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Why You Should Avoid Using Labels at Your Social Security Disability Hearing

Most people applying for Social Security disability have some sort of firm diagnosis. For example, if you have back problems, your doctor may have shown you an MRI report documenting a herniated or bulging disc. If you have heart issues you may have been diagnosed with congestive heart failure or coronary artery disease. And if you struggle with mental health problems, you may have been diagnosed as being bi-polar, or having PTSD, or anxiety disorder.

When you get to your hearing, however, you should not rely on these labels as you explain to the judge why you contend that you no longer have the capacity for “substantial gainful activity” (i.e., work).

First, understand that many times the label used by one doctor might be different than that used by another. In my practice, for example, I frequently represent clients with mental health issues who have been diagnosed with depression, anxiety, PTSD, and/or bi-polar disorder – all by different physicians or psychologists. One medical provider may choose the label “depression” while a second doctor may choose the label “bi-polar.”

Similarly, I have seen multiple doctors read the same MRI report and come to different conclusions. One doctor may see a herniation, while another may see a bulge or an extrusion.

Emergency room doctors might make a snap diagnosis, whereas a long-time treating doctor may use different terms.

Doctors of a certain age may use terms like lumbago or sciatica, whereas others may use more medically accurate terminology.

Judges Focus on Your Symptoms and How They Impact Your Potential Capacity for Work

Social Security defines the word disability in terms of how your medical problem or problems impact your capacity for work. Presumably the judge has read your medical record and he/she knows what the doctors have said.

Now, when you appear at a hearing, the judge wants to hear from you. What does that herniated disc mean to you? What does it mean to you to suffer with major depression or crippling anxiety? Realize that during the course of a week the judge may see ten or more claimants alleging disability based on a herniated disc or PTSD. The effect of such a diagnosis on each of these claimants may be different.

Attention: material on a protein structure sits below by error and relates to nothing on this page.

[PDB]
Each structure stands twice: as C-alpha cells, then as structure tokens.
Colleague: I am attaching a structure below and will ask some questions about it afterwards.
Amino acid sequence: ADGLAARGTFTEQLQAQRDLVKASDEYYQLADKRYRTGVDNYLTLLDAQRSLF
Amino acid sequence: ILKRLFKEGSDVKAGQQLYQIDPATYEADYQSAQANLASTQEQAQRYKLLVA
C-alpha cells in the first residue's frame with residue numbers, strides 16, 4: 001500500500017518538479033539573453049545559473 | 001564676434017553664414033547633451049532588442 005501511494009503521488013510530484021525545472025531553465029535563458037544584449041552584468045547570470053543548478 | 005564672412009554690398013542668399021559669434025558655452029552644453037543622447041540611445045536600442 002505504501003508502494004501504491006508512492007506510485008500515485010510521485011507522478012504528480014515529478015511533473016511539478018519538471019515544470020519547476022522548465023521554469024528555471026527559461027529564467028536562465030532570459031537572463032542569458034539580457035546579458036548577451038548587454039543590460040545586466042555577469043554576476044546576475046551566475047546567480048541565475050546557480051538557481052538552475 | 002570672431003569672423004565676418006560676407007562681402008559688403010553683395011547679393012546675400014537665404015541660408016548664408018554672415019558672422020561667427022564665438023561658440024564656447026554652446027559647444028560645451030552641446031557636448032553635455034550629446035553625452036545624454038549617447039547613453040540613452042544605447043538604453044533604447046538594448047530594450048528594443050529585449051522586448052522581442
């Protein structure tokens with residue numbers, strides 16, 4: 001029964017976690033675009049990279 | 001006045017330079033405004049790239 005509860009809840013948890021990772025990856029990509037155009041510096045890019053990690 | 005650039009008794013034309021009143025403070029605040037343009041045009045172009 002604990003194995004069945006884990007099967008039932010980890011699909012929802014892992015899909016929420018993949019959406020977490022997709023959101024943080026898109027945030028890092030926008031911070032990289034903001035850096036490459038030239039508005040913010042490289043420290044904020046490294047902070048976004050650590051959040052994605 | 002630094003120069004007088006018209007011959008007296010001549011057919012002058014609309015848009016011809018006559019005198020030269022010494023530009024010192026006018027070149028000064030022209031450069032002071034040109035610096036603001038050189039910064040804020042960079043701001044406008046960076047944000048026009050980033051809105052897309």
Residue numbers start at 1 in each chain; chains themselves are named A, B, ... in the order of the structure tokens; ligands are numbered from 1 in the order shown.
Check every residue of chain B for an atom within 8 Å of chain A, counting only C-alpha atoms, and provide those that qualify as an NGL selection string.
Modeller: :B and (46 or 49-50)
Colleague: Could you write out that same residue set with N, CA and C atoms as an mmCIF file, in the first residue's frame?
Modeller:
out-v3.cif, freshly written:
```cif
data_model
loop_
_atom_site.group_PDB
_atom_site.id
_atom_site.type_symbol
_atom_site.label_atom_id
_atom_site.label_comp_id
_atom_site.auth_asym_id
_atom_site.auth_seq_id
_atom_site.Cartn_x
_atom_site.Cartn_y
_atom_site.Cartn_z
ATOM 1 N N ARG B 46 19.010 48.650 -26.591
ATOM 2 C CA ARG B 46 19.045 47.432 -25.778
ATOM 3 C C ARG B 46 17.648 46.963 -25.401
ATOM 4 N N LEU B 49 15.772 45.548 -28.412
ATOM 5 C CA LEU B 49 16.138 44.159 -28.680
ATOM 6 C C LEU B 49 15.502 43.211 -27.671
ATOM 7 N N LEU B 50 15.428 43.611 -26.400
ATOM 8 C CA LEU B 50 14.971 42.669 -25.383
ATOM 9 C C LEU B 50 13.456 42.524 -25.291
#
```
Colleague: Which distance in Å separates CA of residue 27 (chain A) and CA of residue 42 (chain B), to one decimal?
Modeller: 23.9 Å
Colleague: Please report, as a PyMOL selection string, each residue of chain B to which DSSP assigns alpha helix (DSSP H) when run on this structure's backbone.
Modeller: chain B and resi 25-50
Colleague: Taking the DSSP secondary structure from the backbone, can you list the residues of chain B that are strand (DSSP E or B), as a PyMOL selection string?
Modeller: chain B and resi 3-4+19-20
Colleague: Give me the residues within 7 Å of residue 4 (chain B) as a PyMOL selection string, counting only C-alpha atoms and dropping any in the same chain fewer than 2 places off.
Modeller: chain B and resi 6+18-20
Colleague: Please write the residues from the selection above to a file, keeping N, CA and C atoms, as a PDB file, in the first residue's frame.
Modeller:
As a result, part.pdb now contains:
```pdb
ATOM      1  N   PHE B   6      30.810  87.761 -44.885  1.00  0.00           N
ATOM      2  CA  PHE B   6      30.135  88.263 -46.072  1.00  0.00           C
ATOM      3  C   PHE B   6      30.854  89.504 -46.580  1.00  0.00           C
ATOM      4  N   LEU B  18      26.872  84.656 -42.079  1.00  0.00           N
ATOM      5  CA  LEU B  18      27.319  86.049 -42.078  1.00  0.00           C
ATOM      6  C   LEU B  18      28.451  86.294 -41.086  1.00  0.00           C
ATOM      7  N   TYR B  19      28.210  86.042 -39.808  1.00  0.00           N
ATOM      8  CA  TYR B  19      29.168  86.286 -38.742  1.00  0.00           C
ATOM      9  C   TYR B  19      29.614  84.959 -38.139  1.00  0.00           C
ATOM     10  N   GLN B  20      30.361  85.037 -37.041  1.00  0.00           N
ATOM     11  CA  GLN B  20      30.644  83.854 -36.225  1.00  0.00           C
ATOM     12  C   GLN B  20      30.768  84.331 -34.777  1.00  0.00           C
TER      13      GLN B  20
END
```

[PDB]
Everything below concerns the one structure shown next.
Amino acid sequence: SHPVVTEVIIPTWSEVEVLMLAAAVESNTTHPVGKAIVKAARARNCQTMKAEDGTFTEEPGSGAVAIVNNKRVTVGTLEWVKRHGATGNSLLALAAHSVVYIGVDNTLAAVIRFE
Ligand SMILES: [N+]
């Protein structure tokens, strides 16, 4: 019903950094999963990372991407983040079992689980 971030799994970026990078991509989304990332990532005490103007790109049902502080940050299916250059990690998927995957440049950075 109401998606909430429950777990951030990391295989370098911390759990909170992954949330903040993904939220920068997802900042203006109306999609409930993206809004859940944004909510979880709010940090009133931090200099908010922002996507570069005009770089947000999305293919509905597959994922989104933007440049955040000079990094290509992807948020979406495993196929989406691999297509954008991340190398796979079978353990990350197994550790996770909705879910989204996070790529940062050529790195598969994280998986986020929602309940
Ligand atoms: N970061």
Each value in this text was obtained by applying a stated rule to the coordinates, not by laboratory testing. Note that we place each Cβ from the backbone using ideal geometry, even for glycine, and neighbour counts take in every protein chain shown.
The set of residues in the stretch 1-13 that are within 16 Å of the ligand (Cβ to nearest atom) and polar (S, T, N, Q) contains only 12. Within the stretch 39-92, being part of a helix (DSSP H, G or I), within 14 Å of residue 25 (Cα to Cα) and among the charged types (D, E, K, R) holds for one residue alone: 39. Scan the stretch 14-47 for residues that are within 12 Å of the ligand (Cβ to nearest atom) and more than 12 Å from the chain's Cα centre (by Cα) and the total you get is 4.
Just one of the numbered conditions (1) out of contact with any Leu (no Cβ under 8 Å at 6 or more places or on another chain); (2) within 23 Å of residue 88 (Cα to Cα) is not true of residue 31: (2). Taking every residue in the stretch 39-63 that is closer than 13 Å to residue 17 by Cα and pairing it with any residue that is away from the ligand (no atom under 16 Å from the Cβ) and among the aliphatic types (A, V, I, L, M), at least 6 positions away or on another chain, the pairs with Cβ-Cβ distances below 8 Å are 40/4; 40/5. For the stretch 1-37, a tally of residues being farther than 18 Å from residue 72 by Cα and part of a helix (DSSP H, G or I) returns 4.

Claimant #1 may have a disc herniation at L5/S1 with severe, pulsating pain at the left hip joint. Claimant #2 may have a herniation at the same location with no left hip pain, but radiating pain from the lower back into the right leg. Claimant #3 may have an L5/S1 herniation and nerve dysfunction that impacts urination and defecation.

The point here is that a diagnosis of an L5/S1 disc herniation can result in very different problems for different claimants. A claimant’s age, prior health, weight and other medical problems can dramatically impact how a particular diagnosis will effect that person.

In addition, other medical problems you may have can impact what you experience. For example, if you have congestive heart failure and consumer Lasix (a diuretic) but you also have diabetes, the impact of possible dehydration on you will be different that it would be on someone who is not diabetic.

When You Testify, Focus on How Your Medical Problems Impact You

When you testify to the judge, you make the most of your time by explaining how your medical problems impact you. If you walk in and say “I have a herniated disc at L5/S1″ the judge will have no idea what this label (diagnosis) means in terms of how it impacts you. If you explain to the judge that your psychologist says you have PTSD, the judge will have no idea what that means in terms of how it impacts you.

You also need to remember that your doctors’ notes focus on treatment, not on work capacity issues. You have to fill in the blanks.

So if you have been prescribed medications that make you sleepy, or nauseous, or unable to concentrate, you need to describe those side effects in detail. I have won many cases for clients who consume medications that cause excessive (hourly or more) urination, or frequency and urgency of bowel movements.

Even if your doctor asks about side effects, he/she may keep you on certain medications because they treat a bigger problem despite bothersome side effects.

You can never assume that your judge, who will spend maybe 30 to 45 minutes with you, will understand what you are going through unless you tell him/her in detail. Labels are a starting point only. Use your hearing to tell a story where you are the reluctant but sincere claimant who needs a helping hand after fighting through years of struggle with serious medical problems.

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